In 1958 the third of the Rosary of Churches on the outskirts of Cork City was built. It was the Church of the Resurrection, on what was then known as Spangle Hill and has now become Farranree. It is another of the 'hilltop' Rosary Churches, like Mayfield to the east and Gurranabraher to the south. Not the most elegant sight to my eye but it is notable all the same. As you stand on Patrick's Bridge and look to the west and the north it crowns the heights overlooking the city. A festival of flowers marked the golden jubilee a couple of years ago.
Fitzgerald Smith and Company, the Cork based architects on the project designed what was described as a basilica plan freely interpreted with an upward thrust intended to be symbolic of the Ressurection culminating in a 'fleche' or thin rooftop spire. At the blessing of the Church Bishop Lucey asked, is it too much to hope that as Christ's Ressurection began his glorious and triumphant reign after Calvary, so many this new Church of the Ressurection may begin for Cork an new era in which emigration and poverty and lack of housing and neglect of God's Commandments will be no more, in which religion and family life, trade, industry and the arts will flourish, in which he that sitteth on the throne can say of Cork: "Behold I have made thee and they people new according to My own Heart"?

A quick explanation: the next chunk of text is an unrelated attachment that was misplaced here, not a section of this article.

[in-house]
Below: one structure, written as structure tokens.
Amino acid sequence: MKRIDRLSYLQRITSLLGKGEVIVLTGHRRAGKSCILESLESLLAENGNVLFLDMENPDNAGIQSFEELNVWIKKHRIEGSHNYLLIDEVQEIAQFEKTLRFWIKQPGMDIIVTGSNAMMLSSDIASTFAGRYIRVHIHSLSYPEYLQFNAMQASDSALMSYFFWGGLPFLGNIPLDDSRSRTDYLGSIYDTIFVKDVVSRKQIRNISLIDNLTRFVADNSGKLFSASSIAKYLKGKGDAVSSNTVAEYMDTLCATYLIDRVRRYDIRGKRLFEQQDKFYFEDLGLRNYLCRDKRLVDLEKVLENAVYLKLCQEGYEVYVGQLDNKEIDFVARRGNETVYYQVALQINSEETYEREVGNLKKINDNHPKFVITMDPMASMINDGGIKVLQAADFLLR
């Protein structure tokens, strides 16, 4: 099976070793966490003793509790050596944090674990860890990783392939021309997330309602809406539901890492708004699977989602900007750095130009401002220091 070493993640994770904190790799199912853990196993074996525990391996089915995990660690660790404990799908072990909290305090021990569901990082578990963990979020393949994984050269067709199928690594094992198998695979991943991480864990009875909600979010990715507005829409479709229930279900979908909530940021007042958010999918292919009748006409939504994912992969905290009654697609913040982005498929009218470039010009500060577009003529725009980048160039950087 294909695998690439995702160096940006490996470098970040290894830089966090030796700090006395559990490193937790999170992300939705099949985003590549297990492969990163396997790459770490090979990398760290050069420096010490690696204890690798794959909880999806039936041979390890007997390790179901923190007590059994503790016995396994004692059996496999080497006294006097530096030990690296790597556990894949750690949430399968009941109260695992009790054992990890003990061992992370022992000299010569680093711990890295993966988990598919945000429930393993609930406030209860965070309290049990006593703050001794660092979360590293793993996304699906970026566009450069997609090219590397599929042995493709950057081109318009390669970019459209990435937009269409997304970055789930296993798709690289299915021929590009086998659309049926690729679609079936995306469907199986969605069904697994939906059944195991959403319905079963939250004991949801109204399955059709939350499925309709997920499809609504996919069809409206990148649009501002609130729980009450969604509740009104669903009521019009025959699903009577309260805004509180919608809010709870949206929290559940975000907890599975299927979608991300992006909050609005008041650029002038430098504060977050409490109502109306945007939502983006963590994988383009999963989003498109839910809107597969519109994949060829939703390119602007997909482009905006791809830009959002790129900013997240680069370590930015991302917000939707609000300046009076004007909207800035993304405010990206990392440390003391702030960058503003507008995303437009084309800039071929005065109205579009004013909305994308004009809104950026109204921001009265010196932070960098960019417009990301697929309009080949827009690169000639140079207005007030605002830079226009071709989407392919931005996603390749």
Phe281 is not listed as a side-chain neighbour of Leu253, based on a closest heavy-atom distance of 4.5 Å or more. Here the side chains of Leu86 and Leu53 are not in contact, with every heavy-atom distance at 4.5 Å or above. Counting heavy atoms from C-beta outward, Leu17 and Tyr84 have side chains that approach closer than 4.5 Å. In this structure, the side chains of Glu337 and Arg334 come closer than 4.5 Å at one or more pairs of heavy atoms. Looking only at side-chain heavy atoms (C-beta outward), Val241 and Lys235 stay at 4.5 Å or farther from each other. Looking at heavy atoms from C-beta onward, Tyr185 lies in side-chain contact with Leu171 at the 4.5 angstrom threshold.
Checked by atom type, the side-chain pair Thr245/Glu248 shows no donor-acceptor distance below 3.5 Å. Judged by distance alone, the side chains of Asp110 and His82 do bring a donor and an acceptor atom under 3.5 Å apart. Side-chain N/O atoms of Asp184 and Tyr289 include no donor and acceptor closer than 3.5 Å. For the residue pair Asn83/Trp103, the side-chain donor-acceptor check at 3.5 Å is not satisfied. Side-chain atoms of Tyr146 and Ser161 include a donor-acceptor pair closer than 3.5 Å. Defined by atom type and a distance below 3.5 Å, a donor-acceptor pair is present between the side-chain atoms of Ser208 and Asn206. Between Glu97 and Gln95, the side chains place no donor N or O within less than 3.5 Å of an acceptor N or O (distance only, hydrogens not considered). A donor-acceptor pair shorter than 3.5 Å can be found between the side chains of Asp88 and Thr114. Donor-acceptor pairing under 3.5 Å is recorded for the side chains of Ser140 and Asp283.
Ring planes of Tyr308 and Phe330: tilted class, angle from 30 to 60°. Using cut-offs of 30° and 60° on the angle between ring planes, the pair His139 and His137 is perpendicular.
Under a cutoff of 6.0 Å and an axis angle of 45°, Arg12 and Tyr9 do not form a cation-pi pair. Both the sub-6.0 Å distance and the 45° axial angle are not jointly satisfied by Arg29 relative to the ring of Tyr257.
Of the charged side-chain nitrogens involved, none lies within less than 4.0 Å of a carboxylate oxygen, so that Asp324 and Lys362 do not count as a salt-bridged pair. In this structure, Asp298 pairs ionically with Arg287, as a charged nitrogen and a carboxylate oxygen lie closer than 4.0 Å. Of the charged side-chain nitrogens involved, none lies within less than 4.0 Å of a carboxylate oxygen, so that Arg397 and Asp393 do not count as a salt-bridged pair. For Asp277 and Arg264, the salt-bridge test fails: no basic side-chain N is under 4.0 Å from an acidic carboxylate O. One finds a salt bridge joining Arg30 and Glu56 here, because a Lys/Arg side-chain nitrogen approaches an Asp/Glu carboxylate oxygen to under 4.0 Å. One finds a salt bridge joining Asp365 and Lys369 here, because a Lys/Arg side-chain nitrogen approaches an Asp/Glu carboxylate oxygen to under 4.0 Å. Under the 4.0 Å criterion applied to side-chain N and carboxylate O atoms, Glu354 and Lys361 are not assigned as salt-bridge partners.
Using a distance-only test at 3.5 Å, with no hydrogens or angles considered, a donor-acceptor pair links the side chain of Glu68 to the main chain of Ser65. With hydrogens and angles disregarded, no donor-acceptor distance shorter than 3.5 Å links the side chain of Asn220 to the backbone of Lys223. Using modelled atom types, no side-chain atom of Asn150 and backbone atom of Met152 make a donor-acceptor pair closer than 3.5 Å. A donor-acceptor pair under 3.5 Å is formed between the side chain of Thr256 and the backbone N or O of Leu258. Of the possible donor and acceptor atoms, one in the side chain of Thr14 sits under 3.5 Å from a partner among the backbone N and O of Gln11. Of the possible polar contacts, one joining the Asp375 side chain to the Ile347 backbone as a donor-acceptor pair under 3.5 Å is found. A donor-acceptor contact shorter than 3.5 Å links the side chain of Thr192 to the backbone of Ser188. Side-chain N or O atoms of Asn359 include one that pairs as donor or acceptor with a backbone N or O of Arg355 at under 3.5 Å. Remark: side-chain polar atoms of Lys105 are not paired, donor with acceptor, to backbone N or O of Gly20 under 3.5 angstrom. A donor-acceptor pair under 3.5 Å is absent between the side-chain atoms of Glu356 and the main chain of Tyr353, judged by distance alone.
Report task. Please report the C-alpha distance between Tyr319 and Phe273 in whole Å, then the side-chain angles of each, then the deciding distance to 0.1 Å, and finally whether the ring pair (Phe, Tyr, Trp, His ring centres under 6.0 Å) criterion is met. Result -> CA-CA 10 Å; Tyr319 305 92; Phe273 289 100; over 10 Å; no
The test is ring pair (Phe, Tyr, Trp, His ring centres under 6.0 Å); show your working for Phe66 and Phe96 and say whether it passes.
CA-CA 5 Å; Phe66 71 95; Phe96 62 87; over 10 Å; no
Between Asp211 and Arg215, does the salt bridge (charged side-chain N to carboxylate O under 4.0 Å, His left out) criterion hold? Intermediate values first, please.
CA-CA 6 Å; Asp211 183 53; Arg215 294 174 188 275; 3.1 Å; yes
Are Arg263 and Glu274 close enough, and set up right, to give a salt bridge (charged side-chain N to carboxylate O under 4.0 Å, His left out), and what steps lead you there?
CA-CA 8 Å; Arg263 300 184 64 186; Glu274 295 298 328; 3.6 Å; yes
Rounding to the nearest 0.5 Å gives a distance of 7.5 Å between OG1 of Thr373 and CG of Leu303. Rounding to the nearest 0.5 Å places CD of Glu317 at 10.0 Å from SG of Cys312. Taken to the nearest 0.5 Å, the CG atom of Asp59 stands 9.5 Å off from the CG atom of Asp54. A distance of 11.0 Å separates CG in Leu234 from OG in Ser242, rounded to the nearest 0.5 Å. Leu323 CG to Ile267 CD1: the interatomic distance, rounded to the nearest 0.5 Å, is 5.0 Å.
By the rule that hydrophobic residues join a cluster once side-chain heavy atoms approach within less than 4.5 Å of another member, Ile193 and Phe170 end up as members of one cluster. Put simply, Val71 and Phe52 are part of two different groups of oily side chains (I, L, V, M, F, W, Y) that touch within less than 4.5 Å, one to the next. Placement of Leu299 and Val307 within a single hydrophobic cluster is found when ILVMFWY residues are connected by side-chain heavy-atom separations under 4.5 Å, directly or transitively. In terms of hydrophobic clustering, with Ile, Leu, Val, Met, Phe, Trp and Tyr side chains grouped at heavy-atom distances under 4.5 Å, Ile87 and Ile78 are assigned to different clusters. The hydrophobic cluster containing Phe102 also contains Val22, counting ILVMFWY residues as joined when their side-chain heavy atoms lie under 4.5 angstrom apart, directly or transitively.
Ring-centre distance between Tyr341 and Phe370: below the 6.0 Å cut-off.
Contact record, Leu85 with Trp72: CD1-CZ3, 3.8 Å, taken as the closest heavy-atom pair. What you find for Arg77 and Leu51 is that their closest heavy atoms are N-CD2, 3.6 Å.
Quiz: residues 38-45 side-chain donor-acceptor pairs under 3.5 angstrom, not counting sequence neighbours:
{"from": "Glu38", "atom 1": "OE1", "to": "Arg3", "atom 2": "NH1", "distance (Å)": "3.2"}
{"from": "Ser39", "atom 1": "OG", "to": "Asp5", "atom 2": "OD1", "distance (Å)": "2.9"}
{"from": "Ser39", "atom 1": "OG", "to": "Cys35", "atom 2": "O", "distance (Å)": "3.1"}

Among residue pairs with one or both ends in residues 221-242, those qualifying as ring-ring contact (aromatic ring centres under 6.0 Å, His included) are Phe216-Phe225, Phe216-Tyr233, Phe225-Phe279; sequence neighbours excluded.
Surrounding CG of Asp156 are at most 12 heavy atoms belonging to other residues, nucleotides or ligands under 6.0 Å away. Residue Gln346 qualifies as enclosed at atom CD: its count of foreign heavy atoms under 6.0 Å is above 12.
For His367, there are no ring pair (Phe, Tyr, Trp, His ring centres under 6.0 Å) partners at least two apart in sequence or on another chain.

The consacration was performed by the great Cardinal Cushing of Boston, whose connection with the Diocese of Cork and Ross, especially in connection with the Rosary Churches, is the stuff of legend.
Queen of the Most Holy Rosary, pray for us!
First published on the St. Conleth's Catholic Heritage Association blog in October, 2010.